Investigating Social Networks for Cooperative Management Potential in Agriculture

Project Overview

Project Type: Graduate Student
Funds awarded in 2020: $8,984.00
Projected End Date: 08/31/2022
Grant Recipient: North Carolina State University
Region: Southern
State: North Carolina
Graduate Student:
Major Professor:
Dr. Jason Delborne
North Carolina State University


Not commodity specific


  • Pest Management: integrated pest management
  • Sustainable Communities: partnerships, social capital, social networks

    Proposal abstract:

    Successful insecticide (IRM) and herbicide (HRM) resistance management (RM) in agriculture is contingent on the aggregation of insect and weed best management practices (BMPs) on the farm-scale to the landscape level. Endeavors such as this require significant coordination and collaboration across diverse sectoral boundaries in agricultural production, which invoke social, economic, and political forces to structure the incentives, norms, and rules regarding RM. Currently, these structures are largely designed to serve diverse farm-scale management practices, not landscape level. Therefore, research is needed to investigate alternative solutions that re-organize these structures towards the success of implementing landscape level BMPs.

    One pathway to alternative solutions is through cooperative management strategies, where multi-stakeholder collaborations within an agricultural production system work together to devise best management practices, and share costs, benefits, and knowledge across diverse institutional boundaries. Critical to the organization of these systems are social conditions like trust, reciprocity, and social capital that mediate the social ties that promote exchanges of information, knowledge, and resources related to IRM and HRM. To study these conditions, I endeavor to pursue an exploratory, mixed-methods network study of Eastern North Carolina “Blacklands” agriculture. Using both qualitative interviews and social network analysis methods, I can uncover how social conditions structure and influence information and knowledge exchanges, and how they may be leveraged to enhance coordination and collaboration, and potentially lay some groundwork for the development of future cooperative management programs.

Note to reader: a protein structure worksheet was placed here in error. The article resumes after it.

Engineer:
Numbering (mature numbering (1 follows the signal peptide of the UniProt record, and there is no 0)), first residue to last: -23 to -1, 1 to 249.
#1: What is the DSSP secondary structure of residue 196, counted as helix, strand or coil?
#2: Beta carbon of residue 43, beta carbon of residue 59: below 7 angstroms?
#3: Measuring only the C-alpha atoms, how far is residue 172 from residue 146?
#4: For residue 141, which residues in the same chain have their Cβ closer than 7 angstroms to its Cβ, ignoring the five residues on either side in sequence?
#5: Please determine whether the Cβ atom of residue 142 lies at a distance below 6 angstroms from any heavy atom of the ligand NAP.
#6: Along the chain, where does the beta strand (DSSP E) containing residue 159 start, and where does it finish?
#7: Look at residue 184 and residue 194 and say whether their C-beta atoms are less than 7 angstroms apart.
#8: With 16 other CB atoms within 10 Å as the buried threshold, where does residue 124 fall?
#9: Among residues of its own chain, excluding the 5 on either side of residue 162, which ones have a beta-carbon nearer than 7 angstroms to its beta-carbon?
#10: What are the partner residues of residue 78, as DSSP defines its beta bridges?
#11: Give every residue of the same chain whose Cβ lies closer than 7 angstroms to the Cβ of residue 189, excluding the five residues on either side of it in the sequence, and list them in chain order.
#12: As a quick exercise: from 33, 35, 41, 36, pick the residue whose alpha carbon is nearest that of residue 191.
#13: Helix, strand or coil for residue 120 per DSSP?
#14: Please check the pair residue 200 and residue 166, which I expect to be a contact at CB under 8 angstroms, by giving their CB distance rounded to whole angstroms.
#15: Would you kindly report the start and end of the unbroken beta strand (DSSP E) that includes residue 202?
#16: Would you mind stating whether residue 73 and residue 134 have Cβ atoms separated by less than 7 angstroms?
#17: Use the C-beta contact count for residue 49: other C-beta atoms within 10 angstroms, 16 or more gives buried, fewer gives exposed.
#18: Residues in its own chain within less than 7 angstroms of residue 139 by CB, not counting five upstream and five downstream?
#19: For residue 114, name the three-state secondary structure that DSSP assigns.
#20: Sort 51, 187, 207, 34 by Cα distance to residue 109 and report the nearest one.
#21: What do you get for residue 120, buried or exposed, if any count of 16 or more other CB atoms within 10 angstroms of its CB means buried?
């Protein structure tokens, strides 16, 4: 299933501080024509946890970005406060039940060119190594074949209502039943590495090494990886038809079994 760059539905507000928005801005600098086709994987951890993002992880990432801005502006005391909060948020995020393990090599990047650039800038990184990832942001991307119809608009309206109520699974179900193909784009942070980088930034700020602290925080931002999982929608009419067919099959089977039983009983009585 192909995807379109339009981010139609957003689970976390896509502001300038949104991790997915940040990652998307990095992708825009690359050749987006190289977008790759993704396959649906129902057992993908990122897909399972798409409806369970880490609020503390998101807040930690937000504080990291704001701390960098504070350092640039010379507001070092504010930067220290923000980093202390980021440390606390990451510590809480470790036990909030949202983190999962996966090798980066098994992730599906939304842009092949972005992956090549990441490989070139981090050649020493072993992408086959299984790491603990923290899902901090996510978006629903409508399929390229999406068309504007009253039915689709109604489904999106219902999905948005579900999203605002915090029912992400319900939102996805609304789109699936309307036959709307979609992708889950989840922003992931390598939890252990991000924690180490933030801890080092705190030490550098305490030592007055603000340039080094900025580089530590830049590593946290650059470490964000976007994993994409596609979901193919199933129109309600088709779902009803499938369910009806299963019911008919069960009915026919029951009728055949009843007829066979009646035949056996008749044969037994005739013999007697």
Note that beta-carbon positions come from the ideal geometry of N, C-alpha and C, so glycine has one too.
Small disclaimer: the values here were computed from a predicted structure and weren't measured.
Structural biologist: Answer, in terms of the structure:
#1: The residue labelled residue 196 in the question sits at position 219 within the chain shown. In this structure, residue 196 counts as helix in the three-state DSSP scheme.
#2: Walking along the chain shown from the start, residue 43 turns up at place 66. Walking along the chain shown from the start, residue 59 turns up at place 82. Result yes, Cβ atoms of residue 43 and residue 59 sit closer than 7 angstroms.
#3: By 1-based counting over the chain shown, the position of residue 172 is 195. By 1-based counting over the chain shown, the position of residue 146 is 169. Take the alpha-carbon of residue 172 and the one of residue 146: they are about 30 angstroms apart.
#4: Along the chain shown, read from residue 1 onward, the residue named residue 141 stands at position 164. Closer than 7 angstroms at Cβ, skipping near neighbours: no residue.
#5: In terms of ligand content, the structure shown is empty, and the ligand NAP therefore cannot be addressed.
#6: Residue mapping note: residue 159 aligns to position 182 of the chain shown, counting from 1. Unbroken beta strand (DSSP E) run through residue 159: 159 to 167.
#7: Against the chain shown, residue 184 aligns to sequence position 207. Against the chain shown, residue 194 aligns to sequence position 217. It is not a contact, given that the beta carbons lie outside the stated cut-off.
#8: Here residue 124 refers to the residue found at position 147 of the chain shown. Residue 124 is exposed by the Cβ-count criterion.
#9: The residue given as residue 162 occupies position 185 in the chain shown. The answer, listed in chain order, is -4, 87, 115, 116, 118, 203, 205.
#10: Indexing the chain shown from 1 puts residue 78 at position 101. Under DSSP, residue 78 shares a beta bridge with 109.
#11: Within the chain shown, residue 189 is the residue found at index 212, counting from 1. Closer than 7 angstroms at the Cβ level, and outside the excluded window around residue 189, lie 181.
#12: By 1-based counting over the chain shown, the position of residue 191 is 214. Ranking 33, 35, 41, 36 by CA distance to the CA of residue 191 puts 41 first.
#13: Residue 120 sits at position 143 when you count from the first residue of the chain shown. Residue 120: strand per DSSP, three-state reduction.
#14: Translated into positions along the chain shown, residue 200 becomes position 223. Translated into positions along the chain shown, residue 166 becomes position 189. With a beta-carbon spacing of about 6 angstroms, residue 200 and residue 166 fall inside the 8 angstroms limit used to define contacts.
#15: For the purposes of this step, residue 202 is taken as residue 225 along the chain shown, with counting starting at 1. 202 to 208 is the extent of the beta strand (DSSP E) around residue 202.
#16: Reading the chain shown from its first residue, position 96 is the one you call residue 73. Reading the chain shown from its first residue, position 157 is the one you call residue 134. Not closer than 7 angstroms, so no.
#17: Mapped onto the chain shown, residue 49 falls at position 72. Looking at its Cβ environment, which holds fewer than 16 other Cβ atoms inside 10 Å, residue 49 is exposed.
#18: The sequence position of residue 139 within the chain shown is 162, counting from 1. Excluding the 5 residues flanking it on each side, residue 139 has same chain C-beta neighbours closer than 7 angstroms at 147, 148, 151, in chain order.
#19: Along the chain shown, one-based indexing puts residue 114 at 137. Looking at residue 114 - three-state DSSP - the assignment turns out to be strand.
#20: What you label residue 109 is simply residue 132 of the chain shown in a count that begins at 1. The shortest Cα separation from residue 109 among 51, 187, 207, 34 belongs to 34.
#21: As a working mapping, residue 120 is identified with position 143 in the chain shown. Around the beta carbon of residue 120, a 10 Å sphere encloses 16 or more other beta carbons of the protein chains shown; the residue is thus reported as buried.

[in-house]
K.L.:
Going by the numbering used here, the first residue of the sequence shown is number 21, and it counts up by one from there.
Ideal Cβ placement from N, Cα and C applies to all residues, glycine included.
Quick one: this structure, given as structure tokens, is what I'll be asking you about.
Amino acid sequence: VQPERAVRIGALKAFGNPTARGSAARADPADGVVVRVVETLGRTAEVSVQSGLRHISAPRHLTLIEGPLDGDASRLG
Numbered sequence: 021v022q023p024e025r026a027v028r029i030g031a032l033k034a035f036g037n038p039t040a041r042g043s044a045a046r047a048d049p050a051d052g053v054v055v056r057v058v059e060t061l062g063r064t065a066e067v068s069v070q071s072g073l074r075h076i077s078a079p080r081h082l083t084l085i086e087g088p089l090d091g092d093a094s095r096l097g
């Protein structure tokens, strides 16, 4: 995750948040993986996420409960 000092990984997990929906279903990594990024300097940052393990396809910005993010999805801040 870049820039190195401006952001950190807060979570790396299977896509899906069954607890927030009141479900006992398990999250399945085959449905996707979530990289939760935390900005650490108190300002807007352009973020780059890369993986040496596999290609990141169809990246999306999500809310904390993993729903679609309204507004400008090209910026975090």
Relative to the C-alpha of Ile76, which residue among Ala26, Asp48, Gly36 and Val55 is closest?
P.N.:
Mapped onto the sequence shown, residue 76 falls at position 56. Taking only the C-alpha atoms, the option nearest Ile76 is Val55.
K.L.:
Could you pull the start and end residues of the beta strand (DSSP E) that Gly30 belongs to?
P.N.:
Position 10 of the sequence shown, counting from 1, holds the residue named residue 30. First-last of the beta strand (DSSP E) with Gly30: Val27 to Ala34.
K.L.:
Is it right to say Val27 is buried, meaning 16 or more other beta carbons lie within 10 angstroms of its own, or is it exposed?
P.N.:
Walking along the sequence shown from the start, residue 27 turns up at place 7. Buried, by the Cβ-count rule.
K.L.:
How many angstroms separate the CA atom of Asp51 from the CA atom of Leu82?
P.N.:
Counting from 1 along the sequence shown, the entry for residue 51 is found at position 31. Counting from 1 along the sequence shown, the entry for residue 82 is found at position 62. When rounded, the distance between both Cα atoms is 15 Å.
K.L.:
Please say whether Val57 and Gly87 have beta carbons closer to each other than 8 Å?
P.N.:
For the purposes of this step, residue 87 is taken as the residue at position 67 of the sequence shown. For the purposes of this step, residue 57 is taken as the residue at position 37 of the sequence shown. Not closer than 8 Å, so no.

Project objectives from proposal:

    Objective 1: Investigate the diversity of farmer’s best management practices for insect pests and weeds, and how concretely these connect to shared practices in IRM and HRM.


    RQ1: What are the individual farmer perspectives, knowledges and values related the development of pest resistance, and the importance of IRM and HRM practices? To what degree are these knowledges and perspectives shared with other farmers?

    • What are their “best management practices”?
    • What are their challenges?
    • What are they concerned about?


    One of the key questions for assessing a management system at the landscape level is understanding how farmers are implementing BMPs for insect and weed management at the farm scale. What are some common features of these management practices? How do they relate to individual farmer knowledges, perspectives, and values? Are any of these elements shared?  Approaches to farm-scale management will be contingent on individual farmer perspectives and knowledges in addition to resource availability, which may result in very diverse practice. The challenge of aggregation to landscape level coordination is synthesizing this diversity of practice into a landscape level approach. Additionally, farmer perspectives on the concepts of IRM and HRM, and the degree to which farmers relate these issues to their own insect pest and weed management has implications for promoting cohesive cooperative management. A farmer’s recognition and understanding of their role in resistance management, and the role of others, may or may not create support for collaboration. Interviewing farmers about their individual practices and conceptual perspectives in order to understand the diversity of practices currently on the ground is therefore foundational.



    Objective 2: Map out network connections between who farmers communicate with, share knowledge and collaborate with on different aspects of resistance management.


    RQ 2: Who do farmers trust and rely on the most to help them make decisions about IRM and HRM

    • Who do farmers talk to about IRM and HRM related practices?
    • What is the nature of the connection between farmers and trusted sources?
    • Why do farmers trust these sources?

    RQ 3: How do farmers relate their personal perspectives and knowledges to what they receive from other sources?


    Each farmer will communicate their own unique management plans tailored to their specific farm characteristics and resource capacities, in addition to their personal knowledges that they use to facilitate said plans. However, farmers also heavily rely on information and knowledge from other entities when designing their management plans, which means that they leverage trusted information sources to make decisions concerning IRM and HRM. Who are these most trusted sources, and why do farmers trust them? Additionally, because there is a collective interest for all farmers to engage in effective insect pest and weed management practices, are their informal collaborations between entities that already exist? Who is involved and how are they organized? Mapping out social ties based on information and knowledge transfer, and management collaboration can illuminate important social factors that could be leveraged to enhance the potential for coordination in implementing landscape-level BMPs.


    Any opinions, findings, conclusions, or recommendations expressed in this publication are those of the author(s) and do not necessarily reflect the view of the U.S. Department of Agriculture or SARE.